Book Image

PySpark Cookbook

By : Denny Lee, Tomasz Drabas
Book Image

PySpark Cookbook

By: Denny Lee, Tomasz Drabas

Overview of this book

Apache Spark is an open source framework for efficient cluster computing with a strong interface for data parallelism and fault tolerance. The PySpark Cookbook presents effective and time-saving recipes for leveraging the power of Python and putting it to use in the Spark ecosystem. You’ll start by learning the Apache Spark architecture and how to set up a Python environment for Spark. You’ll then get familiar with the modules available in PySpark and start using them effortlessly. In addition to this, you’ll discover how to abstract data with RDDs and DataFrames, and understand the streaming capabilities of PySpark. You’ll then move on to using ML and MLlib in order to solve any problems related to the machine learning capabilities of PySpark and use GraphFrames to solve graph-processing problems. Finally, you will explore how to deploy your applications to the cloud using the spark-submit command. By the end of this book, you will be able to use the Python API for Apache Spark to solve any problems associated with building data-intensive applications.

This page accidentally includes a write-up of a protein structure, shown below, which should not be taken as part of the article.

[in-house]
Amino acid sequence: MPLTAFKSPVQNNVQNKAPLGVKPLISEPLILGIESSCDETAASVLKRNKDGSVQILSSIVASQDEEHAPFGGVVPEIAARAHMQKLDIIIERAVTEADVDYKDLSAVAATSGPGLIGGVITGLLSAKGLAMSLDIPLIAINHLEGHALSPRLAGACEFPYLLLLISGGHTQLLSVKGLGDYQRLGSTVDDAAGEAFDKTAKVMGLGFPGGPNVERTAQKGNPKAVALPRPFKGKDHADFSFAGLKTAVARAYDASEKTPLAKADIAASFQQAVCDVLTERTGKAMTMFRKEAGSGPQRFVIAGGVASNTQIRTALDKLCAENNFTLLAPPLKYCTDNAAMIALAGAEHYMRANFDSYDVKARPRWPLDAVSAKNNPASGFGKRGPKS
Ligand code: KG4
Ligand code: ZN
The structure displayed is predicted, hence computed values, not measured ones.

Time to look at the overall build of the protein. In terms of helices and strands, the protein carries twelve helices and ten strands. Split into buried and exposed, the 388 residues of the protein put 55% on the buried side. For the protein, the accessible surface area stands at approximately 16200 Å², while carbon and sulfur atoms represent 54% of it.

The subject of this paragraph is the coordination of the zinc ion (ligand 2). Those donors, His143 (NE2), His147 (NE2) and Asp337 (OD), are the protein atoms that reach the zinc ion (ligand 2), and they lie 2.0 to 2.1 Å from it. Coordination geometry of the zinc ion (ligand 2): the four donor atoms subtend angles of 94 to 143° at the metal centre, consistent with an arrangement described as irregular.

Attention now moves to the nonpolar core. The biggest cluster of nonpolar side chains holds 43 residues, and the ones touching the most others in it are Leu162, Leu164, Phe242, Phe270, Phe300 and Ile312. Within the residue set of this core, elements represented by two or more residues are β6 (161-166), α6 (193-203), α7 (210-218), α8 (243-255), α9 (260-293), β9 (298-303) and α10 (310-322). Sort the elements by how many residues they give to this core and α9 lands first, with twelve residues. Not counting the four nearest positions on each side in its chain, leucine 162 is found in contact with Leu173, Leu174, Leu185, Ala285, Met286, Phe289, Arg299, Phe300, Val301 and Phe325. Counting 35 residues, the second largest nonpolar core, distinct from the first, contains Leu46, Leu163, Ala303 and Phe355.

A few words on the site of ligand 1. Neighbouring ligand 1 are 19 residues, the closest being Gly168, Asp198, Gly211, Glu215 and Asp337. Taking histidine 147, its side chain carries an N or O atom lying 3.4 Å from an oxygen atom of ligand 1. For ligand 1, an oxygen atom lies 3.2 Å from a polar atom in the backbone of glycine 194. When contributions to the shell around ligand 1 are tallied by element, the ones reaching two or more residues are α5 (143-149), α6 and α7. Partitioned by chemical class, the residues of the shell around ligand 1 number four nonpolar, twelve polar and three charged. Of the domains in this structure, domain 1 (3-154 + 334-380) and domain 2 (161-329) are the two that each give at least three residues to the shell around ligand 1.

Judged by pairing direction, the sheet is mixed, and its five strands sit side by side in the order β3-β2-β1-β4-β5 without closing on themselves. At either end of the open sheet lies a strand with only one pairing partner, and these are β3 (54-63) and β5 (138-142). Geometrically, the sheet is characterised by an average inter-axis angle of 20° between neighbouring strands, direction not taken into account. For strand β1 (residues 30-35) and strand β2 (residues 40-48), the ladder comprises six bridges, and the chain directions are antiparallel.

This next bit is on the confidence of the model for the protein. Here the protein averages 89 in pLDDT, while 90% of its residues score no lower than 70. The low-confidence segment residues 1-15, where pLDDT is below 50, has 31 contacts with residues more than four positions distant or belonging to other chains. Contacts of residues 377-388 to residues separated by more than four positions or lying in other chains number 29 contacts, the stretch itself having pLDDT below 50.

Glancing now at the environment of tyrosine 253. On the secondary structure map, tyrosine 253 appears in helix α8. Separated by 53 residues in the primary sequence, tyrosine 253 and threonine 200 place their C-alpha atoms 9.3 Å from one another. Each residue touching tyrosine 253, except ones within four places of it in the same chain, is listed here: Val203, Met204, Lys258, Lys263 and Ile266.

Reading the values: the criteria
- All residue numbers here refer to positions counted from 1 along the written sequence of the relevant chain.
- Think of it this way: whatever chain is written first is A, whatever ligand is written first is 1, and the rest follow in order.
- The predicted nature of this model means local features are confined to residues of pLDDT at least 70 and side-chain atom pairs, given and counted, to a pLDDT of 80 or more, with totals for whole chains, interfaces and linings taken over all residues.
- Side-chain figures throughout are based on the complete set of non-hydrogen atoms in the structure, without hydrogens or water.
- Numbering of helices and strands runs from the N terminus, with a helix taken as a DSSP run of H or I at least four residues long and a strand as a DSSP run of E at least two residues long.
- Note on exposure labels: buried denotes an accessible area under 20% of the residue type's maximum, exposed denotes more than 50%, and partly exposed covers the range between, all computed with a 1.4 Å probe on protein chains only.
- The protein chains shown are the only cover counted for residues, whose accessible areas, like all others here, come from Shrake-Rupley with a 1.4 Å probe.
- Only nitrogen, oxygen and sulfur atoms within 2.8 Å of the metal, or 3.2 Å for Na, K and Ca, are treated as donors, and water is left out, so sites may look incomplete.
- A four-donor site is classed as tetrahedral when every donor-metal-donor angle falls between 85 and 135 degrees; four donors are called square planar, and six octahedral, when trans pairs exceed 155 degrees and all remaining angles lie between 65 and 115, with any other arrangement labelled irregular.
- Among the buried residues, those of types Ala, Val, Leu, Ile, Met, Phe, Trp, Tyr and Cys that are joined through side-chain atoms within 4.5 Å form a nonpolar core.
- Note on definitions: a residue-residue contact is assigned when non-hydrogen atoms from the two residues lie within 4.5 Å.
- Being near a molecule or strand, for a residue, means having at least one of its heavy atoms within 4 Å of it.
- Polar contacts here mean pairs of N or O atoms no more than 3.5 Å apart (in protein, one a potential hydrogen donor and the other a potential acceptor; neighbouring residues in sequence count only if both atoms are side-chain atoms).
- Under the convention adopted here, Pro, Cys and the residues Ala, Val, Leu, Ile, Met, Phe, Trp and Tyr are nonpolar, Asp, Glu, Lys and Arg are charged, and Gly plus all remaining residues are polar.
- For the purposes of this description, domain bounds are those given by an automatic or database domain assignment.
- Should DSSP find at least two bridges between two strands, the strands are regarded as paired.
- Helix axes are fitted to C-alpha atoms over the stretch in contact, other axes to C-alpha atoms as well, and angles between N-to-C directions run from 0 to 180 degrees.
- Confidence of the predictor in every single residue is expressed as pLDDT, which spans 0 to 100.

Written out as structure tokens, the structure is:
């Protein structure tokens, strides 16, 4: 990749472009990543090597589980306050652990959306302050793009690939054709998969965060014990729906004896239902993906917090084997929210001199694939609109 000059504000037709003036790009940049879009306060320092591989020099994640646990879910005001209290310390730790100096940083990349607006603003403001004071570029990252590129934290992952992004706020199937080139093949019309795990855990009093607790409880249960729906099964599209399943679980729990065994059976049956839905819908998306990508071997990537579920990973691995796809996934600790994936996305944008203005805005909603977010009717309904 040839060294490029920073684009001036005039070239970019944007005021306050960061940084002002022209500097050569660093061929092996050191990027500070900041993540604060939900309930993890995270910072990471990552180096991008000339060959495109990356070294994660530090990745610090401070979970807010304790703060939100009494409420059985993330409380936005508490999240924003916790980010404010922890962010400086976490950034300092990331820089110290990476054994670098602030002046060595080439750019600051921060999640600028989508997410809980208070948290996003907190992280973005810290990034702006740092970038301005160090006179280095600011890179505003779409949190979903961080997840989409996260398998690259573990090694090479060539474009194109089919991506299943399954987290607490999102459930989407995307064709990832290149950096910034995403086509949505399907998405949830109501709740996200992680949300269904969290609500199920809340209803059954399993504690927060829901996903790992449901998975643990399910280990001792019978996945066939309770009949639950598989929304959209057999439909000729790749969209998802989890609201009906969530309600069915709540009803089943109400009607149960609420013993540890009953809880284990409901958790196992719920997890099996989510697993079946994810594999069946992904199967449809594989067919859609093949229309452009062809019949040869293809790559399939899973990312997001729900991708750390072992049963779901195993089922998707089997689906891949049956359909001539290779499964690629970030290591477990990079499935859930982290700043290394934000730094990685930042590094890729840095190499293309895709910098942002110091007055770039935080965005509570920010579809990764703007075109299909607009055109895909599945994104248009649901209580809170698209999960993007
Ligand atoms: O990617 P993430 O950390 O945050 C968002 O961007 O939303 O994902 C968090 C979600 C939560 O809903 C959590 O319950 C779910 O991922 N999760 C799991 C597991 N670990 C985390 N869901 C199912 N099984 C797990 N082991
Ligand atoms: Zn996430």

Table of Contents (13 chapters)
Title Page
Packt Upsell

Building the graph

In the preceding sections, you installed GraphFrames and built the DataFrames required for the graph; now, you can start building the graph itself.

How to do it...

The first component of this recipe involves importing the necessary libraries, in this case, the PySpark SQL functions (pyspark.sql.functions) and GraphFrames (graphframes). In the previous recipe, we had created the src and dst columns as part of creating the deptsDelays_geo DataFrame. When creating edges within GraphFrames, it is specifically looking for the src and dst columns to create the edges as per edges. Similarly, GraphFrames is looking for the column id to represent the graph vertex (as well as join to the src and dst columns). Therefore, when creating the vertexes, vertices, we rename the IATA column to id:

from pyspark.sql.functions import *
from graphframes import *

# Create Vertices (airports) and Edges (flights)
vertices = airports.withColumnRenamed("IATA", "id").distinct()
edges = deptsDelays_geo...